Reporters Without Borders Annual Report 2006 - Burma
|Publisher||Reporters Without Borders|
|Publication Date||3 May 2006|
|Cite as||Reporters Without Borders, Reporters Without Borders Annual Report 2006 - Burma, 3 May 2006, available at: http://www.refworld.org/docid/46e690a821.html [accessed 24 July 2014]|
Burma's generals for mysterious reasons transferred the country's capital to Pyinmana, an isolated city in the mountains near the centre of the country. But the junta renewed its attacks against the democratic movement, by keeping Aung San Suu Kyi under house arrest and several thousand political prisoners, including renowned journalist Win Tin, in prison.
Seven journalists had sentences reduced during the wave of prison releases in January and July 2005. Among them was Sein Hla Oo, detained in harsh conditions for nearly 11 years. On the other hand, Win Tin whose name appeared on a list of those freed was not released by the authorities, apparently wary of the influence of this close adviser to Aung San Suu Kyi, sentenced to 20 years in jail. The 75-year-old has not been allowed to read or write in his prison cell in Insein jail for the past 16 years.
Burma is also a paradise for censors. Scissors in hand, the agents of the Press Scrutiny and Registration Division check every article, editorial, cartoon, advertisement and illustration ahead of publication. In 2005, they even began going through death notices placed in Burmese newspapers. They strike out all references to the United Nations, accused of wanting to overthrow the government. More seriously, the authorities censor all independent news on the bird flu epidemic. Diplomats in the region are concerned that there is a blackout of information on this H5N1 virus.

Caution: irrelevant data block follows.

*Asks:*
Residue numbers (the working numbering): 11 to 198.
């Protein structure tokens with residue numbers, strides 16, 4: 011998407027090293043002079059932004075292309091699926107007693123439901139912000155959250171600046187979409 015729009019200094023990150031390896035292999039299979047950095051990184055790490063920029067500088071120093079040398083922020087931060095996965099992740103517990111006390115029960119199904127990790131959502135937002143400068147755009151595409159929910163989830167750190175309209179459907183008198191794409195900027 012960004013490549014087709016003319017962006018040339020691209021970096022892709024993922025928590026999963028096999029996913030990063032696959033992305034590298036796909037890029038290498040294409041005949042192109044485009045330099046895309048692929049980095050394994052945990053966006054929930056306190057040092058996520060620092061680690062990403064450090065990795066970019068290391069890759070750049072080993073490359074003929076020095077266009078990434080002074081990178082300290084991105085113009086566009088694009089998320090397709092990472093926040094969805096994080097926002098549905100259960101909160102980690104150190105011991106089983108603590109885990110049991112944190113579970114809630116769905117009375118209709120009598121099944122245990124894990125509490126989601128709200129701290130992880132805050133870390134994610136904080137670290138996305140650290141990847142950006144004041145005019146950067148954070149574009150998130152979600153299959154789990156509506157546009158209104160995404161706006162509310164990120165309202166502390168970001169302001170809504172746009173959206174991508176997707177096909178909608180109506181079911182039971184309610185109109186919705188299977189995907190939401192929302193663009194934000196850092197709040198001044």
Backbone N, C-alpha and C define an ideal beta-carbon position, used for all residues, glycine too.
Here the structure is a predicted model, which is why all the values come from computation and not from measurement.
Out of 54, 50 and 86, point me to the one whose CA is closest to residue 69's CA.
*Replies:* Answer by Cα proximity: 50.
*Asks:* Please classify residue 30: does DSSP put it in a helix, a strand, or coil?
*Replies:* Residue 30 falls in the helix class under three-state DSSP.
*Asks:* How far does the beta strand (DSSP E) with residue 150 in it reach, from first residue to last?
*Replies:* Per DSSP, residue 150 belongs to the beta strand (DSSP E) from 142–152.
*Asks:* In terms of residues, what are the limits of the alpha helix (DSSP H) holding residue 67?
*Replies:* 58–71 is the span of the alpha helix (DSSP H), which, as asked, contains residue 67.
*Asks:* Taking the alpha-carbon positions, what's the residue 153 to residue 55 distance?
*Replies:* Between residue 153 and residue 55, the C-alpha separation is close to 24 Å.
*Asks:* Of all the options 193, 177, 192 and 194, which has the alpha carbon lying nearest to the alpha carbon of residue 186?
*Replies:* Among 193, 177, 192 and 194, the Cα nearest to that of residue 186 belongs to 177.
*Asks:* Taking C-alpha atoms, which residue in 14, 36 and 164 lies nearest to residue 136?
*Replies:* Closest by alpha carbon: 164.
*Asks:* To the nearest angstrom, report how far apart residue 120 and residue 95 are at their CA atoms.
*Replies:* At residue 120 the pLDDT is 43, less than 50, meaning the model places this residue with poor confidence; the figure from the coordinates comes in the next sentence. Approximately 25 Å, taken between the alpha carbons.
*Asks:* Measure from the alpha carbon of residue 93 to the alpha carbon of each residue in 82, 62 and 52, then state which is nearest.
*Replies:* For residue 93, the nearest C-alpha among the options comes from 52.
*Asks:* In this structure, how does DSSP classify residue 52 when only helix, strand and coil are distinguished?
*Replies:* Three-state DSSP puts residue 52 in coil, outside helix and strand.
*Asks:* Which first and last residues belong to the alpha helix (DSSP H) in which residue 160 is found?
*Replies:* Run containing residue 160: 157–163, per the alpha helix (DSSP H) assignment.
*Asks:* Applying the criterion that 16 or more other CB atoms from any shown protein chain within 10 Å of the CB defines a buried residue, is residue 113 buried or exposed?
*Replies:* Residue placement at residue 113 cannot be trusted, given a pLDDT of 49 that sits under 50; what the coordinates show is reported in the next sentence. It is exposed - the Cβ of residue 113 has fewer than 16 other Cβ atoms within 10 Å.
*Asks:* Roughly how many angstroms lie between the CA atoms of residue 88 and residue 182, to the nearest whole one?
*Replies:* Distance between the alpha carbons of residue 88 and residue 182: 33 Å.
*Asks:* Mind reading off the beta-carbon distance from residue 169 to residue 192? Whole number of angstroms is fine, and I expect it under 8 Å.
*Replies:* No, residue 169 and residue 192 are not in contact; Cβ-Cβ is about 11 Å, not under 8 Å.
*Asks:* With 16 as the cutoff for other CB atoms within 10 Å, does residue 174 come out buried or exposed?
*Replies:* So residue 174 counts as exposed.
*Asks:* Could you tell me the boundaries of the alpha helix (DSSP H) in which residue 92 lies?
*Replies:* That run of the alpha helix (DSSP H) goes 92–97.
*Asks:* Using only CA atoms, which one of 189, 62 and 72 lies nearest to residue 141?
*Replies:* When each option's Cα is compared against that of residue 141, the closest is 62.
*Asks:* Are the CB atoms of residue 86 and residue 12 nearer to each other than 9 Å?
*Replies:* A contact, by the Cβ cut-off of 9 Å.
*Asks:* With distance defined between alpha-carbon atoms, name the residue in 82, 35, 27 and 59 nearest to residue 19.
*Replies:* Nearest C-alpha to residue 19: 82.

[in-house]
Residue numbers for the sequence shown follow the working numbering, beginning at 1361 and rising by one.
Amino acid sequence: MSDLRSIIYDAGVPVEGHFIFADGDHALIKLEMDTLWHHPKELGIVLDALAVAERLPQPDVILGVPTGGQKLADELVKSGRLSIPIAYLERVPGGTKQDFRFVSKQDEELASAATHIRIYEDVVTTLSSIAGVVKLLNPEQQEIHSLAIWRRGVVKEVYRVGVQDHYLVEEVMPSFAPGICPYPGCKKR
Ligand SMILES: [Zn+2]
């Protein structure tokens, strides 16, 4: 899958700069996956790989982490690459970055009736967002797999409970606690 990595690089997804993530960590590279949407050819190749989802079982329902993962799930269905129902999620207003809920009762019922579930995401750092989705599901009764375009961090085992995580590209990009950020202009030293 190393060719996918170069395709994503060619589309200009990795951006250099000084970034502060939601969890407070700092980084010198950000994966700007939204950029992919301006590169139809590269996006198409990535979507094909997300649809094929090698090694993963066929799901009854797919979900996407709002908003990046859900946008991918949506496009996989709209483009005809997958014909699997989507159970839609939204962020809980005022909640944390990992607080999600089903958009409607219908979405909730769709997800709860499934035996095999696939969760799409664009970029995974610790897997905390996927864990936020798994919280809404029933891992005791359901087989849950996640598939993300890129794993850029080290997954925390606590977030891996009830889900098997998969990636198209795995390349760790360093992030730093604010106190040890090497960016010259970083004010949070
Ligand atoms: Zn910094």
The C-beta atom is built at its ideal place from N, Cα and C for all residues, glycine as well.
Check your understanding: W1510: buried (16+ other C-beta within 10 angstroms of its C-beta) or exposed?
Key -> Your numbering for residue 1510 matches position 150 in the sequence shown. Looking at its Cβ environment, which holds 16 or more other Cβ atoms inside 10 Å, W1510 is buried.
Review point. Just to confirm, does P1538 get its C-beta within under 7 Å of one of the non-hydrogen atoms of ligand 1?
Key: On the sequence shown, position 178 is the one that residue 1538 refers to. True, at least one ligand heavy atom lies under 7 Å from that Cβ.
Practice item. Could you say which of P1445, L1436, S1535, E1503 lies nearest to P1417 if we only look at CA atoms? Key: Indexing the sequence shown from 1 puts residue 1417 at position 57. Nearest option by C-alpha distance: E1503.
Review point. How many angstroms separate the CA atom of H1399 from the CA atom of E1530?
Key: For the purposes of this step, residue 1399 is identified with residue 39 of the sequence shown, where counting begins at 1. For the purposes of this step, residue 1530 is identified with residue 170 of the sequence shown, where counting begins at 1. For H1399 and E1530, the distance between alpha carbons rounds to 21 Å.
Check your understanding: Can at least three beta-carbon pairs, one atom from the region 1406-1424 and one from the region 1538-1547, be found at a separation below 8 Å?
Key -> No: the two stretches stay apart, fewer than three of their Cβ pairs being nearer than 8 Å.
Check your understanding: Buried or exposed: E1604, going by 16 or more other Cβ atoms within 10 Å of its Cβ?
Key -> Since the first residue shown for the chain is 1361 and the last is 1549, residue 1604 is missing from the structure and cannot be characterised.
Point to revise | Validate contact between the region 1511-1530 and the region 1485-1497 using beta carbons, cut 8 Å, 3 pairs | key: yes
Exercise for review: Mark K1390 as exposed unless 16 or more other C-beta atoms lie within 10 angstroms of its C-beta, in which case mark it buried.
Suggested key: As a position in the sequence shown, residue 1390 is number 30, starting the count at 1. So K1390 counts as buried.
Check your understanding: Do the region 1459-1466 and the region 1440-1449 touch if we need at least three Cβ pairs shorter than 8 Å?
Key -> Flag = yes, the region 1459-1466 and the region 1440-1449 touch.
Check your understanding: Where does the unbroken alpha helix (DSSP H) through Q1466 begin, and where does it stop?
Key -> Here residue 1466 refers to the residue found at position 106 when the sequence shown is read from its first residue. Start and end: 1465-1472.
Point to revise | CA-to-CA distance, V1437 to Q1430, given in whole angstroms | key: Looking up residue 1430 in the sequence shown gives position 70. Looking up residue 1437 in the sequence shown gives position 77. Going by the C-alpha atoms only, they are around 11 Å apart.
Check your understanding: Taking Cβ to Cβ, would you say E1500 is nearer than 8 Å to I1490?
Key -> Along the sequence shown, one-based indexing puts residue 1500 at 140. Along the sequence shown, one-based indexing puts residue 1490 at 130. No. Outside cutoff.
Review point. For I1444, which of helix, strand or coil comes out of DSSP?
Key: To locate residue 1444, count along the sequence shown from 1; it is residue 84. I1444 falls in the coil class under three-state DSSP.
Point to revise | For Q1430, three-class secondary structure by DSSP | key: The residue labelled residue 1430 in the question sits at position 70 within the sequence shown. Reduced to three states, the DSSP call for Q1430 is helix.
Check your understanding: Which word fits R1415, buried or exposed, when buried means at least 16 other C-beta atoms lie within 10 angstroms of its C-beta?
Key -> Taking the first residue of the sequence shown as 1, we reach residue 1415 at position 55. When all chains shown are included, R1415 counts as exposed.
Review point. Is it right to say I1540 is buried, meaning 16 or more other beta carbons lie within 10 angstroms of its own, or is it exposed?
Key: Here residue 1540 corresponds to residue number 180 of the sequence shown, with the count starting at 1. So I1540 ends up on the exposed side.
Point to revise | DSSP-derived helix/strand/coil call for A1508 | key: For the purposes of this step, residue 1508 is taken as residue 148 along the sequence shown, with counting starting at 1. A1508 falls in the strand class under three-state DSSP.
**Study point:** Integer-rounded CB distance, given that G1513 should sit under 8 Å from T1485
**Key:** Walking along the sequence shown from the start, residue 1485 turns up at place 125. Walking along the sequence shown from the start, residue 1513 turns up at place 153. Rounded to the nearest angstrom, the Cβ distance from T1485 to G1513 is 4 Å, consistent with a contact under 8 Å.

In Burma, a journalist can earn a seven year prison sentence simply for having an unauthorised fax, video camera, modem or a copy of a banned publication. It is also forbidden to watch Burma's top independent channel DVB TV, which is broadcast from Norway by satellite.
International pressure on Burma has increased the paranoia of the military government that has ruled since 1988. On the occasion of the national day holiday at the end of November, Gen. Than Shwe urged his compatriots to be "extremely vigilant", because the western powers were trying to dominate others through the media and human rights. The number of visas issued to foreign journalists was drastically cut back in 2005.